Goofs

When Jack and Wang are rescuing the girls and a fight breaks out in the white plaster storage area, they use the same shot twice when one of the bad guys is kicked and lands on a table against a wall. See more »

Quotes

[first lines]
Pinstripe lawyer: What I'd like to do today is get your version of what happened.
Egg Shen: Oh, you mean the truth.
Pinstripe lawyer: Of course. First, just state your name and your occupation for the record.
Egg Shen: Oh, Egg Shen. Bus driver.
See more »

Connections

Referenced in The Chronicle: Here There Be Dragons (2001) See more »

Soundtracks

Big Trouble in Little China
Written by John Carpenter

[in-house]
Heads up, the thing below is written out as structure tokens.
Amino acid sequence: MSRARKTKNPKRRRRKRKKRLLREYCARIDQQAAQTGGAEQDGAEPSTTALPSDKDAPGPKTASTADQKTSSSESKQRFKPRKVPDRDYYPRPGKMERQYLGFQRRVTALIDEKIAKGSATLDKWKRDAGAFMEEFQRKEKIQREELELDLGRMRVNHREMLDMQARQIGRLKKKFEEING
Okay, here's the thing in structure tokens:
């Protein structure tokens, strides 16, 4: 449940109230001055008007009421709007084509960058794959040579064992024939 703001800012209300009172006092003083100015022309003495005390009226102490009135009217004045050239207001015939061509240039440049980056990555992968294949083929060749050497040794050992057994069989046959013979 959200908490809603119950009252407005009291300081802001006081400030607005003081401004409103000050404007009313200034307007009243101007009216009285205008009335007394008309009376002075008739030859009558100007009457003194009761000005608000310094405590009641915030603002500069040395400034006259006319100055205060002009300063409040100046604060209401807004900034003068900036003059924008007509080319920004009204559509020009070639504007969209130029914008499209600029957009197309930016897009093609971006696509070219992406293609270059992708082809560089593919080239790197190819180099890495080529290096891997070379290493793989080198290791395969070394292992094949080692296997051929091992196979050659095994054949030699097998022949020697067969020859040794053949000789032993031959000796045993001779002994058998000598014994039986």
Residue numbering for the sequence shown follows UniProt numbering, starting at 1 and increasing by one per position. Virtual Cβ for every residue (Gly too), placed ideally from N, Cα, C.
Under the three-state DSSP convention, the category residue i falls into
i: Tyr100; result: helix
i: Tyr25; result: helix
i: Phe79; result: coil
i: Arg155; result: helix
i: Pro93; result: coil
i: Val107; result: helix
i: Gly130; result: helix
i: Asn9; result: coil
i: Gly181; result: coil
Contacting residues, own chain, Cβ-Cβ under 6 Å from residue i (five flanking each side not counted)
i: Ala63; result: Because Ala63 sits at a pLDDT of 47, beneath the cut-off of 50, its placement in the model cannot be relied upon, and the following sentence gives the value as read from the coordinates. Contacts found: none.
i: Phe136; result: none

Performed by The Coupe de Villes
See more »

Frequently Asked Questions

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User Reviews

This movie moves me
30 November 1998 | by (North Haven, Connecticut) – See all my reviews

Give this movie a ten, it has more excitement and pure fun than almost any other, John Carpenter has constructed a masterpiece. This movie is awesome, It's got Kurt Russell at his best. Every line that he says just rocks. This picture is the most unique film that had come around in years when it was released. Nothing comes close to its ingenuity or classic mixture of Chinese mythology. If you don't watch it I will personally search out and destroy you. Like some dude up there said, just chill with your popcorn snacks and drinks, and saddle up, because it's going to be one hell of a ride!